"My journey has taught me that rekindling intimacy with our more-than-human world is a vital step in our unfolding universe story. Every moment we explore our relationship with Earth and Cosmos, we foster a spirit of reciprocity and stewardship that inspires us to write a story of renewal into our future."
With over 30 years of backcountry backpacking and hiking experience, Yaakov Trek Reef (he/they) walks in the world as a guide and teacher of outdoor ethics, nature & forest therapy, and wilderness spirituality. They speak and lead trips throughout the Northeast for the public, congregations, retreat centers, and other organizations.
Trek has also led workshops and classes for the Adamah Farm Fellowship, Star Island Natural History Conference, Elat Chayyim Center for Jewish Spirituality, Keshet Boston, Hillel House at Boston University, Hopedale Unitarian Parish, First Parish in Billerica, First Church in Leominster, and Seaside Yoga Retreat Center in Oregon, among others.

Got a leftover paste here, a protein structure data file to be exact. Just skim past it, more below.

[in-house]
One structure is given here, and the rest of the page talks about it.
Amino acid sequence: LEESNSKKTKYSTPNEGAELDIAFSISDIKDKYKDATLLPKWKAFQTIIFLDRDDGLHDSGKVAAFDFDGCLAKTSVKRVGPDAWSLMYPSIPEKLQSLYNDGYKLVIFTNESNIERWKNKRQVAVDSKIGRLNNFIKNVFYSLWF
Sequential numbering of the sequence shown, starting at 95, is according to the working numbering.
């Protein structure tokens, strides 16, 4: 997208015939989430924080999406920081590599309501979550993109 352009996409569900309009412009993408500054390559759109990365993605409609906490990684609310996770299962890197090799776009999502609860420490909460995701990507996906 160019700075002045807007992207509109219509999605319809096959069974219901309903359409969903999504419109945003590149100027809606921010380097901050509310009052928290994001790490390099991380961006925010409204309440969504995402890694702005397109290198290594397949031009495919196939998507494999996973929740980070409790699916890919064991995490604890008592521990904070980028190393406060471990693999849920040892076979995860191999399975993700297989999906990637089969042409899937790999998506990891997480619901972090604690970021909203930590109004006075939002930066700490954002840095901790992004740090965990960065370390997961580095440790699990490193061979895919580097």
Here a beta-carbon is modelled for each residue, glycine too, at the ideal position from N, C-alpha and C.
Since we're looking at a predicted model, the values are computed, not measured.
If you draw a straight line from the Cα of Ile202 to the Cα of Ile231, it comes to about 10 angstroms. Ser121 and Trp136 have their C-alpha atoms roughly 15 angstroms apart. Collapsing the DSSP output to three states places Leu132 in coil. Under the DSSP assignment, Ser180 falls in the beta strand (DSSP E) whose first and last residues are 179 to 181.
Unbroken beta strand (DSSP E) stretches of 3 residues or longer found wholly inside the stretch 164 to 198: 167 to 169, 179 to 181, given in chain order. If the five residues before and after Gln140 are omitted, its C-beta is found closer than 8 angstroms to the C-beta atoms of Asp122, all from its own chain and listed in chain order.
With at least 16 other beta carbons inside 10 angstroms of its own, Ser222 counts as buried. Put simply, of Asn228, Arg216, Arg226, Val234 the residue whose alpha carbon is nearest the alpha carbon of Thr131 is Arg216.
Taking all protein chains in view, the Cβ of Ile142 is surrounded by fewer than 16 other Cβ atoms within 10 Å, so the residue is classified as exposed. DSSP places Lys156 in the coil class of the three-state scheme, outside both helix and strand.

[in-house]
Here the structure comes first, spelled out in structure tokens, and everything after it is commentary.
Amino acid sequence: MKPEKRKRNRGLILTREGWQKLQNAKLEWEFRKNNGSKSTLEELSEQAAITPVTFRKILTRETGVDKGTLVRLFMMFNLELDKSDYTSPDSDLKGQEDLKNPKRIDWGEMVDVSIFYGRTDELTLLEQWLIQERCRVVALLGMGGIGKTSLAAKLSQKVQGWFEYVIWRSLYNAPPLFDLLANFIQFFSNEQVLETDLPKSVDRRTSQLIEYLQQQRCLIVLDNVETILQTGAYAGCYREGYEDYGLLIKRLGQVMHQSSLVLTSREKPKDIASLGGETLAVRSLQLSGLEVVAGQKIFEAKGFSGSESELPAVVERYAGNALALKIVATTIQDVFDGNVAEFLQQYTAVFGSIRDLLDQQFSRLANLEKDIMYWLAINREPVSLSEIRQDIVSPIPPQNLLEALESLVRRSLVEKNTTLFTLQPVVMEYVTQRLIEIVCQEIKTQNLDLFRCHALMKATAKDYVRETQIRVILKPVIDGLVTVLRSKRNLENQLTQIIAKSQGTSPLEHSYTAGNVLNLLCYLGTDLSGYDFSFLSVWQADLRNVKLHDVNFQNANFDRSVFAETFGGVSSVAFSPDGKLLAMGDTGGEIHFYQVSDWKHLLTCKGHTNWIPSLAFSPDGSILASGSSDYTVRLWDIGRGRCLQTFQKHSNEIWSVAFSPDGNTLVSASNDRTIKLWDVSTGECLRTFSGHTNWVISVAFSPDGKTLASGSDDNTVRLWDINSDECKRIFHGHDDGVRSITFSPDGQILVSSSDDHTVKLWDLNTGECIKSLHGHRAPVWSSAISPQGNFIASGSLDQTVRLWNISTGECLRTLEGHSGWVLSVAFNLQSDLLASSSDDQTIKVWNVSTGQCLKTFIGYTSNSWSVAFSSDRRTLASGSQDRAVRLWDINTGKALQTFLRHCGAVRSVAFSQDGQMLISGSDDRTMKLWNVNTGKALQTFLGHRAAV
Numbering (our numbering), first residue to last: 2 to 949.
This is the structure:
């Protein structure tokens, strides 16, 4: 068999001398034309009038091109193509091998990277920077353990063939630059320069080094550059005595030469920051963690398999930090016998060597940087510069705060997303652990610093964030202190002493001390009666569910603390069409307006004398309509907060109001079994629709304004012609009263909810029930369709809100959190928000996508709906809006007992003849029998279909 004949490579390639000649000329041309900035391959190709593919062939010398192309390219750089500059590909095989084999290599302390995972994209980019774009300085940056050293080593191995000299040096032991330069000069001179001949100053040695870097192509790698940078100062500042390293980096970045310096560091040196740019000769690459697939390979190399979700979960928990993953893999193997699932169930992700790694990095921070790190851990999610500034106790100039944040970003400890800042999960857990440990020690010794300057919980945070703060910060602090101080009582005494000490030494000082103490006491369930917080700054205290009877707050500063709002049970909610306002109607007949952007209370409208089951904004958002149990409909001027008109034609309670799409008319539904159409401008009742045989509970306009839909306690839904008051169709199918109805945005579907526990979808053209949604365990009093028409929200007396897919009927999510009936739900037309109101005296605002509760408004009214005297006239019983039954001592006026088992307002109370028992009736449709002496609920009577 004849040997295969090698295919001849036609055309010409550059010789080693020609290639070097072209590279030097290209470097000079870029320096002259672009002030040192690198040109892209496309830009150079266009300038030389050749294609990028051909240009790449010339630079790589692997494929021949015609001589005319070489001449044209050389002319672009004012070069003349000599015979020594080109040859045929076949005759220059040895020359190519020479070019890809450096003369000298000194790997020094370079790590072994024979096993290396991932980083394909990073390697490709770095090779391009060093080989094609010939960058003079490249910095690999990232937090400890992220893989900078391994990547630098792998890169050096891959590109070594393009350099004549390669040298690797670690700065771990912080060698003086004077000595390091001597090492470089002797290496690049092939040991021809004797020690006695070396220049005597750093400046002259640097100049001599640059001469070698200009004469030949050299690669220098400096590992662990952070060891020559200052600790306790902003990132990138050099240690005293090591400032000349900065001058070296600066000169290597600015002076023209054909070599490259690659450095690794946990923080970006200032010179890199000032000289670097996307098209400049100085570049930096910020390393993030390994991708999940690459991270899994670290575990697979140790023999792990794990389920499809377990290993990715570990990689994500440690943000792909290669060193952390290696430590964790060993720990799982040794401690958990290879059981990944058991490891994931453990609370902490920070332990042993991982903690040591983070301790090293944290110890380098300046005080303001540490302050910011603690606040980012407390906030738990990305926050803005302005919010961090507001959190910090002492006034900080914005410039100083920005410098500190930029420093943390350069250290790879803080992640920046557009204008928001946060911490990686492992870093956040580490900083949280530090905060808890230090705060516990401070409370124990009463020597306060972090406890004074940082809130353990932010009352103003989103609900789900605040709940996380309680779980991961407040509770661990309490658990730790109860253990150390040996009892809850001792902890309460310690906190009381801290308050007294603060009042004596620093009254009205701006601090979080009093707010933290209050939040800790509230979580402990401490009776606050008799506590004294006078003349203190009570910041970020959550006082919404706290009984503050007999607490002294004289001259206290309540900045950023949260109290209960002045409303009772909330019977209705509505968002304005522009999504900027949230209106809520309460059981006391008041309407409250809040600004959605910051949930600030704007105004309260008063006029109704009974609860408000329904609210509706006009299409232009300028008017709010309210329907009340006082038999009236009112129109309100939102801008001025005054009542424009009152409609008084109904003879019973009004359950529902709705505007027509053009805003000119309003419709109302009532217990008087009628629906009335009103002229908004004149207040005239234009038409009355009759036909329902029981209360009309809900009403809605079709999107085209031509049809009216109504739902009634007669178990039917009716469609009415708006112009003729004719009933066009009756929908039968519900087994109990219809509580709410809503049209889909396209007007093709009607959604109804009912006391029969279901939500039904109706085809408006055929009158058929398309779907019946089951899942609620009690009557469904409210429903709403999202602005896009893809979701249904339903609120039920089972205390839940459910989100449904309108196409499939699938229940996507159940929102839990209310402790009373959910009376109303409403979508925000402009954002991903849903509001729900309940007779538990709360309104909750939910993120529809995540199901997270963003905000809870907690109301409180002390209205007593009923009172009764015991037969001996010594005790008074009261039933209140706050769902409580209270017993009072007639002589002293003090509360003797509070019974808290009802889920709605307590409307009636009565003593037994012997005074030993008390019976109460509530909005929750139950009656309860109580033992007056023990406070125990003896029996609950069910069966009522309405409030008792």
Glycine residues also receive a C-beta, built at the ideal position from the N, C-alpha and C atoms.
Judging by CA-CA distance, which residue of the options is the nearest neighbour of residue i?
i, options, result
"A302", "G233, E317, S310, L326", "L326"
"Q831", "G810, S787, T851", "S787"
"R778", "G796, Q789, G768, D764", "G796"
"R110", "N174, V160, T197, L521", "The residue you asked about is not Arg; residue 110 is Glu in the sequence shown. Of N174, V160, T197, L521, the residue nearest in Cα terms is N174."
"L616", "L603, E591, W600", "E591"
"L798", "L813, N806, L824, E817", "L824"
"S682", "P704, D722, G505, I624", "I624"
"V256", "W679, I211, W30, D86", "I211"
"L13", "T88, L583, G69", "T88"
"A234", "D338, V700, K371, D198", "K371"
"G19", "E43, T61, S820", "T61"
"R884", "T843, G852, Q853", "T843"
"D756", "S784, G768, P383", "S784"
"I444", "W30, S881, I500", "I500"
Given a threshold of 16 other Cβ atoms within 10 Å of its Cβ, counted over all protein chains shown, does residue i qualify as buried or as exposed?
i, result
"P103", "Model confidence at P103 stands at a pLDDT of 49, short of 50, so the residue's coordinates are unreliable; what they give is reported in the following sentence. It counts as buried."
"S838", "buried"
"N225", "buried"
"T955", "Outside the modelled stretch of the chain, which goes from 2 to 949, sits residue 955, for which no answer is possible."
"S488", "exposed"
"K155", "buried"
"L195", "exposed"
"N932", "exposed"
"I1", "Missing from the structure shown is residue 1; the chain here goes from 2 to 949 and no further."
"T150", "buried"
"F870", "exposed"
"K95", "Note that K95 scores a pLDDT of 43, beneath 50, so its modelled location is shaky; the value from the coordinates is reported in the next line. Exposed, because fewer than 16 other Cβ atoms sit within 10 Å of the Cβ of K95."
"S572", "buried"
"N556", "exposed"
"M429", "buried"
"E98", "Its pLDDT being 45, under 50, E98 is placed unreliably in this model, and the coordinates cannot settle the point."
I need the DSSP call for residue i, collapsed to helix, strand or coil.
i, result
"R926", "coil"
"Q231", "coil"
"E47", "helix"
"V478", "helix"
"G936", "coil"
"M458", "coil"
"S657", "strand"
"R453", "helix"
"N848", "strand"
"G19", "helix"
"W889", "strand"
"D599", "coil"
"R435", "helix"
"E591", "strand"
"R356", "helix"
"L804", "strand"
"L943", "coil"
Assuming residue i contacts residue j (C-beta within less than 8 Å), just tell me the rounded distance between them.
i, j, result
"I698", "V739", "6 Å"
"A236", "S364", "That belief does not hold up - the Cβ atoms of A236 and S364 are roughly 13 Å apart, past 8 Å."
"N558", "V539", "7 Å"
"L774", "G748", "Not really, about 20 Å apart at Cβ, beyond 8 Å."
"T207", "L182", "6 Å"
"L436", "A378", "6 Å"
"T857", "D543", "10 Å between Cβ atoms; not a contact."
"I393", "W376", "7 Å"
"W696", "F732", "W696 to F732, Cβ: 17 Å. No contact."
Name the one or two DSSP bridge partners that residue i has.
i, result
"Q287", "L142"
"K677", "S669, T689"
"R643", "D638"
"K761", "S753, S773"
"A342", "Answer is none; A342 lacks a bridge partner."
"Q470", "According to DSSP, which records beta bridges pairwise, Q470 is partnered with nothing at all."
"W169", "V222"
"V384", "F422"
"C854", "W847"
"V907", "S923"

He worked for the Star Island Conference and Retreat Center ten miles off the coast of New Hampshire for four seasons and served as a retreat director and the program manager at the Isabella Freedman Jewish Retreat Center in Falls Village, Connecticut, for three years.
In 2016, they completed a pilgrimage along the storied Appalachian Trail. Taking approximately five million steps over 2189.1 miles between Georgia and Maine, Trek found a deeper connection to our awe-inspiring natural world and a clearer sense of place in our unfolding story of our cosmos.
They hold several outdoor and guiding certifications, including Certified Interpretive Guide by the National Association for Interpretation and Certified Nature & Forest Therapy Guide by the Association of Nature & Forest Therapy. Trek is also a Wilderness First Responder trained by SOLO Wilderness Emergency Medicine.
Presently, he is a seminarian at Meadville Lombard Theological School and is an Aspirant Minister in the Unitarian Universalist tradition. Trek lives in North Billerica, Massachusetts, on the traditional homelands of the Pawtucket and Massa-adchu-es-et Peoples of the Abenaki nations.